Monday, May 30, 2011

Andrea Caccese - Icarus Falling/Set The World On Fire EP

Hear The Track Here

As an indication of how backed up my review system is, I recieved a request to review Andrea Caccese over six weeks ago and lookee here, it finally gets there. Andrea is a solo musician, originally from Italy (Ed: nooooooo) but now living and working in Sweden. Smart boy, maybe he knows what it is in the air/water/food supply of that country that makes their musicians so bloody good. Believe me, I've been living with that thought for a long time. Anyway, Icarus Falling etc is the latest project from him and was, apparently, put together while travelling throughout Europe. He recruited cellist Nadja Ali from the town he eventually settled in to add some other flavours to the four tracks on offer and lo... Yeah but, you mutter, how the **** do you know all this?

All a bit TMI even for me, innit.

The reason, my stupified friends, is that this man has a WIKI!! Damn, I am so jealous. Even I don't have a Wiki, although I try not to publicise this disgraceful lack.. (Ed: that's because you mean nothing Gilmore, deal with it!). So, jealousy aside, what's shaking musically here? Icarus Falling is the first track out of the box and sets the scene for the whole EP and considering it was made in a succession of 'apartments, hotel rooms, trains and airports' it sounds pretty decent, if a little too clean for my tastes. Nadja's cello takes centre stage on Set The World On Fire, and I suspect that's her on the backing vocal too and the combination of Andrea and the aching beauty of the track instantly assured a place in my heart. Lovely song for sure.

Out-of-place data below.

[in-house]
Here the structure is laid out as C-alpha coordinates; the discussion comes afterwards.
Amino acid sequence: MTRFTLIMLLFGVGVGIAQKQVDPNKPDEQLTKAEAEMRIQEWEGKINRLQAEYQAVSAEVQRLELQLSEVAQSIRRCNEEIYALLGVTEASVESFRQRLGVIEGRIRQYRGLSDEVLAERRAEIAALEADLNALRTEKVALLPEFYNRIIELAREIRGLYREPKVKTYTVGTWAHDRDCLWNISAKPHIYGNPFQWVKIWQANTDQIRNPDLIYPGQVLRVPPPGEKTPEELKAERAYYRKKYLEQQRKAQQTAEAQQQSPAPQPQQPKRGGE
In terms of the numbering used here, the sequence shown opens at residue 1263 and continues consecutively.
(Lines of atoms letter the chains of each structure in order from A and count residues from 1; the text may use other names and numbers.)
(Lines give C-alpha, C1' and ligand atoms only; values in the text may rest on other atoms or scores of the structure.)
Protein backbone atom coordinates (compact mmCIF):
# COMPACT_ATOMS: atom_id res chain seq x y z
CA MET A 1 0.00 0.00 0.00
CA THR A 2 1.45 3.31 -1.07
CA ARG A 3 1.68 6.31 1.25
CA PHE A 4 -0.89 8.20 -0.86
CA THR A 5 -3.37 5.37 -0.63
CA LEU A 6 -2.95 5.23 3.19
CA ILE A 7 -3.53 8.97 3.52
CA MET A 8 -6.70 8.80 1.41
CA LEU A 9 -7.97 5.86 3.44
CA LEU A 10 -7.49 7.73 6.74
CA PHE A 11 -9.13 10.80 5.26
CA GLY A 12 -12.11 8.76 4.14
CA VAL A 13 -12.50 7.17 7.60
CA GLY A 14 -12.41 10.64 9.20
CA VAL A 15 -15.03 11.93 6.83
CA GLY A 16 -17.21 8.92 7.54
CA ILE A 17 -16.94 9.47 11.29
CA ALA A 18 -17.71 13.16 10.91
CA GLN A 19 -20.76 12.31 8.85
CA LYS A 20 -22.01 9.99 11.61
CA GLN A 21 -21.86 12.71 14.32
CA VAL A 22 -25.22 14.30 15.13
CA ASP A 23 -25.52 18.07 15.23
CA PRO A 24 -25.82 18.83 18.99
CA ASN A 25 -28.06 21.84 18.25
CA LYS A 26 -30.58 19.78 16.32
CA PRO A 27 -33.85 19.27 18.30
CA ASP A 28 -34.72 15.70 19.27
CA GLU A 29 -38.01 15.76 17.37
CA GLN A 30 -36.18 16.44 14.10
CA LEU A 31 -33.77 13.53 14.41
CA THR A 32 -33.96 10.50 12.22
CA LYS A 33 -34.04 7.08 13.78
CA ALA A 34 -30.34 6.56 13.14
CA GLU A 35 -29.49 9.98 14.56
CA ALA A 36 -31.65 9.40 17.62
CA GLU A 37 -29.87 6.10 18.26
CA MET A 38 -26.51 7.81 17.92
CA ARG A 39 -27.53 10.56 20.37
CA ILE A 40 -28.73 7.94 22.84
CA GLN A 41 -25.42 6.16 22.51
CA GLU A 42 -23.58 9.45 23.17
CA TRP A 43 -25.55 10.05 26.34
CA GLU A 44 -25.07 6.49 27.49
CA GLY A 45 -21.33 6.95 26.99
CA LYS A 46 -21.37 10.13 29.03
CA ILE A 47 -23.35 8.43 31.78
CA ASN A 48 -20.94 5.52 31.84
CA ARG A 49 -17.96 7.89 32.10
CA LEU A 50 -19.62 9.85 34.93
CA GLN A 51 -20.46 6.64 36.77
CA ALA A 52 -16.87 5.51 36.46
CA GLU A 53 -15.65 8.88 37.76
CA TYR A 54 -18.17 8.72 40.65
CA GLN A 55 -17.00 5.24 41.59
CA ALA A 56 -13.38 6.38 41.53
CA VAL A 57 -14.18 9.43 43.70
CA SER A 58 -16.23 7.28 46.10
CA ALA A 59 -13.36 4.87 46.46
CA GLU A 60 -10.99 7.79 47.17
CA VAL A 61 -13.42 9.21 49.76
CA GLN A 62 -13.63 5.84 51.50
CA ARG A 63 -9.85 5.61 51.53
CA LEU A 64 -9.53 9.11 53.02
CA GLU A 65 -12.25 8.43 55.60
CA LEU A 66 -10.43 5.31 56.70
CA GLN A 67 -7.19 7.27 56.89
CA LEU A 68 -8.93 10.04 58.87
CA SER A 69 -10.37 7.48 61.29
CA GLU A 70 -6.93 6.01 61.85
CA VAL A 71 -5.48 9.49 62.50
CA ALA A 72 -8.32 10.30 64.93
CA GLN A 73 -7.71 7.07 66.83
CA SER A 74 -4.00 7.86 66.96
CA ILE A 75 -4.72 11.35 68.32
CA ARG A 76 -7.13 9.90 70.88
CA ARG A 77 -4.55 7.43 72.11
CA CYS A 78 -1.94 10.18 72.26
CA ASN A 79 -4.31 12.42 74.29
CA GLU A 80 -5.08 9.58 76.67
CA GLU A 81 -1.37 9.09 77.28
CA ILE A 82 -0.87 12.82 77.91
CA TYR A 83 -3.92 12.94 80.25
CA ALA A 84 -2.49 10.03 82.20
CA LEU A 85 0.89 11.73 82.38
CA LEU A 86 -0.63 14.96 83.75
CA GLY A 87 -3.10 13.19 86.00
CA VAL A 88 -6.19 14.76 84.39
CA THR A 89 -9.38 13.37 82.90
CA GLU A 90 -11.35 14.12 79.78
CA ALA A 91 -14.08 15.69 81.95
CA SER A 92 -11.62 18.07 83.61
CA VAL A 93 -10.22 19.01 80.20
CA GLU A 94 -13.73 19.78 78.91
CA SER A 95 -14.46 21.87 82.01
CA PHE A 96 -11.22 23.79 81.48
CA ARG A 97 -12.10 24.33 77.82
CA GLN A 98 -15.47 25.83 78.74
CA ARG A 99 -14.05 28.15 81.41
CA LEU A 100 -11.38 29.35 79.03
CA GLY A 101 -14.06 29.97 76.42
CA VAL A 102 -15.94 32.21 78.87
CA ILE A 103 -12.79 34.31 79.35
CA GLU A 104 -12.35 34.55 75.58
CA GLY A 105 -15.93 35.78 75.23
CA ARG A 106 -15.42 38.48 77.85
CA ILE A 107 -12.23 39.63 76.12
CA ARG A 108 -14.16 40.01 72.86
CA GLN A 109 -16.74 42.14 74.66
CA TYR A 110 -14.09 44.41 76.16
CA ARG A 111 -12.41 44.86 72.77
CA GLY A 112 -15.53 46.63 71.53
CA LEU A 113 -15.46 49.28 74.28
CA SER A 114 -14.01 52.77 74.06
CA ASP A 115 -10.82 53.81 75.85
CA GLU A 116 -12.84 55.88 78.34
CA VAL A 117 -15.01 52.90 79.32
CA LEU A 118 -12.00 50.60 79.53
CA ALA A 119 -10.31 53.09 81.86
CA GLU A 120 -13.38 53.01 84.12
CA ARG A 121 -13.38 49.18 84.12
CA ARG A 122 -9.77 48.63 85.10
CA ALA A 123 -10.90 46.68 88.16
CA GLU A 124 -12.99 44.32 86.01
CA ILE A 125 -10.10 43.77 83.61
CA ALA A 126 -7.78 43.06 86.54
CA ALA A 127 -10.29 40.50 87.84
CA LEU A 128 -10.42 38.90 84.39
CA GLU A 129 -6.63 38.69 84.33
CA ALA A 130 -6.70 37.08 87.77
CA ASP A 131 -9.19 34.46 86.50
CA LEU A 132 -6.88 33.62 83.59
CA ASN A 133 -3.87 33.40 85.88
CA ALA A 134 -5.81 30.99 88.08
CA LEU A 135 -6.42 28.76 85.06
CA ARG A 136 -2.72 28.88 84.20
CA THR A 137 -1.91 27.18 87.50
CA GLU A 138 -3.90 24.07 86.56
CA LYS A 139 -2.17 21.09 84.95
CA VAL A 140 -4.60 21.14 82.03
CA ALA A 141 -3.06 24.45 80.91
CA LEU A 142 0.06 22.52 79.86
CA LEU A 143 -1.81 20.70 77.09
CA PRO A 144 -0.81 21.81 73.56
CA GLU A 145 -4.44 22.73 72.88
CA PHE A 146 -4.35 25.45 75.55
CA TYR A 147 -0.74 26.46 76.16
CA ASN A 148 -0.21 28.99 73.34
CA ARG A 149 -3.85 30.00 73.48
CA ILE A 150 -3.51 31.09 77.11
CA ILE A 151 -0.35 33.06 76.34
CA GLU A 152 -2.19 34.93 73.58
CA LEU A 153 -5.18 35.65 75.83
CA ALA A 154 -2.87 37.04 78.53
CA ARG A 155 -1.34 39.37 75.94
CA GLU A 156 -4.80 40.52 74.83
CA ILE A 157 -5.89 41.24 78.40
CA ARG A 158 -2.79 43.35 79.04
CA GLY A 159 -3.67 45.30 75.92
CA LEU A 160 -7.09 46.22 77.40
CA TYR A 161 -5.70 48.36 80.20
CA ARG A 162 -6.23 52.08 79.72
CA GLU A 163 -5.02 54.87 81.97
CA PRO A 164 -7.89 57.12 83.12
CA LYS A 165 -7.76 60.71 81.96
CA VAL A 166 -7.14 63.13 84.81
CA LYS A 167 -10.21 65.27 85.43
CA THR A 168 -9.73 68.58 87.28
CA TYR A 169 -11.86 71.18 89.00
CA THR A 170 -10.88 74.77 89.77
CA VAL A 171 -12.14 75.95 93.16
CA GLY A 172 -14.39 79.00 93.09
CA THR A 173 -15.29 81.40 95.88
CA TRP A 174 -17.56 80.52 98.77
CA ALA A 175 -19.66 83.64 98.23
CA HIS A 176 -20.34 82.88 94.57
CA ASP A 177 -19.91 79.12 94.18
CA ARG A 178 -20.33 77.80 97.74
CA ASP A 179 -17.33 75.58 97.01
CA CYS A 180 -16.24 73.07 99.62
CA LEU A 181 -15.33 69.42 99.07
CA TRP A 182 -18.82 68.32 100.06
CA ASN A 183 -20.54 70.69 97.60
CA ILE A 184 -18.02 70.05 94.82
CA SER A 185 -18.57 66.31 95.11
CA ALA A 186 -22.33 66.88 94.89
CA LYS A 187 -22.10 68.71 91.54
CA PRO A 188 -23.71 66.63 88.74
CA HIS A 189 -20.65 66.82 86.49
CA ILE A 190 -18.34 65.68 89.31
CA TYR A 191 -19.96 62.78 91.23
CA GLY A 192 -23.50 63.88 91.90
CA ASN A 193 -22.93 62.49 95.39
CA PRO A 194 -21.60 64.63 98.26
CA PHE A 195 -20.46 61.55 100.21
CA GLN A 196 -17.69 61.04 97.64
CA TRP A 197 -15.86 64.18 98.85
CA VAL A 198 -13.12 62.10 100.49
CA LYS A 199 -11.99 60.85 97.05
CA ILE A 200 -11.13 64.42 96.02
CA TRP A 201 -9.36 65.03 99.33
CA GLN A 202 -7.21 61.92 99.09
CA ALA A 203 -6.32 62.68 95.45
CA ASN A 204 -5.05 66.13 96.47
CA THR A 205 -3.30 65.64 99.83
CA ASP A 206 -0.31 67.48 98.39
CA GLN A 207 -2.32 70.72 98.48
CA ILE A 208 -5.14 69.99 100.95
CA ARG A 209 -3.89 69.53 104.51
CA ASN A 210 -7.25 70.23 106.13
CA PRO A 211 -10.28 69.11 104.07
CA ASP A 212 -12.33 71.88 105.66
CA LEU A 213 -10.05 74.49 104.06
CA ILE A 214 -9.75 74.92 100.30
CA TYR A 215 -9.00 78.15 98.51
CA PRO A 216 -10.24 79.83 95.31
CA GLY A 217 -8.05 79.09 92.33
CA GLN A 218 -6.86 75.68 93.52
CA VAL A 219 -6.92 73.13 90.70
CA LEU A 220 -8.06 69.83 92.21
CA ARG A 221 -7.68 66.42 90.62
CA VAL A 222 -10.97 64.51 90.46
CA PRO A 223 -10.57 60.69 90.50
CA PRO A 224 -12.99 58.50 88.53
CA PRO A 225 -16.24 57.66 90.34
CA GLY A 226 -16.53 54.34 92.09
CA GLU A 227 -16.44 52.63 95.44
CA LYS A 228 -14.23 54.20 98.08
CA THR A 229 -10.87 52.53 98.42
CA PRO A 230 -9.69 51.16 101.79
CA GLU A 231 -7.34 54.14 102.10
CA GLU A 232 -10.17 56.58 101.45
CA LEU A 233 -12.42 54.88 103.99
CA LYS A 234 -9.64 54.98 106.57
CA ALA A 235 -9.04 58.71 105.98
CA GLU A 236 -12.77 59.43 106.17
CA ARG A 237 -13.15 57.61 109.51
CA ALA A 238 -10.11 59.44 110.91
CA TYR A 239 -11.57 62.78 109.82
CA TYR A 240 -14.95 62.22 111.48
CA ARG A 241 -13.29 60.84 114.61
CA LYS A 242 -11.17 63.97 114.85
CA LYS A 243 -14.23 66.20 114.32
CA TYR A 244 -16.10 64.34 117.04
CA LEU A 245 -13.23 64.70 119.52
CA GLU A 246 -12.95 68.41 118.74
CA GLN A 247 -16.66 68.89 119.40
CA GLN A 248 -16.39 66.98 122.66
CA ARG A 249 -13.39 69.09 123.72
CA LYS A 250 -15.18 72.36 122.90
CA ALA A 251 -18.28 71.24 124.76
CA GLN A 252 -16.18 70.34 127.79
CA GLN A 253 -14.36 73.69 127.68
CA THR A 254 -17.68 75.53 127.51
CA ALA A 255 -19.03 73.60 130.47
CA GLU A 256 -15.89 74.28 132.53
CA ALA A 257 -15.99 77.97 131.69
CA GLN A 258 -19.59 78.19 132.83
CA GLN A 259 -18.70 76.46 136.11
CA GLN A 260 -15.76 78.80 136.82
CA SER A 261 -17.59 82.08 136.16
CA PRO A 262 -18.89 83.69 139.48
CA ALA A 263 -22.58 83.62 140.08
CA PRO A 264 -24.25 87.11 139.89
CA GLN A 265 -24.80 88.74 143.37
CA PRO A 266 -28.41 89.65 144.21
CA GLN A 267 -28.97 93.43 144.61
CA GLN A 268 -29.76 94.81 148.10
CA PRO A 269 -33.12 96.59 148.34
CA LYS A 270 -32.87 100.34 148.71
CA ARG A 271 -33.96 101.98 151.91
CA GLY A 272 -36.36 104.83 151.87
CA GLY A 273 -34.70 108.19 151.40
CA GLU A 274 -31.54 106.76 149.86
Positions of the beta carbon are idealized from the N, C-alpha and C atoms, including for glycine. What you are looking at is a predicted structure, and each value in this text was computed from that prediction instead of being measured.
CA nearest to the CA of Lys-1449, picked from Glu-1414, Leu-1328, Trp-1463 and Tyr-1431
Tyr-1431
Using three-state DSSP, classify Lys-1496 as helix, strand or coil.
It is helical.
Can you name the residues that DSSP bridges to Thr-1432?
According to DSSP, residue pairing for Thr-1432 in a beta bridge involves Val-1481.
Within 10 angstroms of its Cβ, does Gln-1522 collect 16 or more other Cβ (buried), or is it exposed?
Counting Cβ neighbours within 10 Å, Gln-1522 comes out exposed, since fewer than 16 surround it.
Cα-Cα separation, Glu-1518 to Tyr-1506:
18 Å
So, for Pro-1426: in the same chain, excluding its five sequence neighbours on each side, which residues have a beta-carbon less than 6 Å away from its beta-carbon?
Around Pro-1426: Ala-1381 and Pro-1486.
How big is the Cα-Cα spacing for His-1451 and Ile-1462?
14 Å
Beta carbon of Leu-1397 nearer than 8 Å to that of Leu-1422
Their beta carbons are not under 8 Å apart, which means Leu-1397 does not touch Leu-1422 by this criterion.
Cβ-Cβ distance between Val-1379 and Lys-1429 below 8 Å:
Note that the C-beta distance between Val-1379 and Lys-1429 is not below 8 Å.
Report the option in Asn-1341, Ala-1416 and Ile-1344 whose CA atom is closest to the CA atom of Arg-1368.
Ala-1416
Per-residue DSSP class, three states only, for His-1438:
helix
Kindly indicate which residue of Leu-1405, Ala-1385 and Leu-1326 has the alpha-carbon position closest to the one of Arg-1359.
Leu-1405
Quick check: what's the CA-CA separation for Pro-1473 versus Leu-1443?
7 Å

I never bought into the cults surrounding Nick Drake and Jeff Buckley, but I was aware of their music and when Andrea compares himself to them, I'd say that was accurate, at least for the majority of the tracks.The only real oddity here is Playing With Ghosts which is definitely more tinkly **** than I could stand, even while I could appreciate is as an ambient piece and I'm never very friendly with that genre. The last song, Stars and Satellites, reverts back to the folk music style of the other tracks although peppered this time with some squally electric guitar. This was also the track that, for my money, illustrated the one problem with this whole set. With the exception of Set The World On Fire, the vocals in all cases was too low, and on Stars and Satellites it was noticeably so. Meh, small change if what I have described (Ed: totally inadequately) sounds good to you.

Highly Recommended Folk (uh uh)

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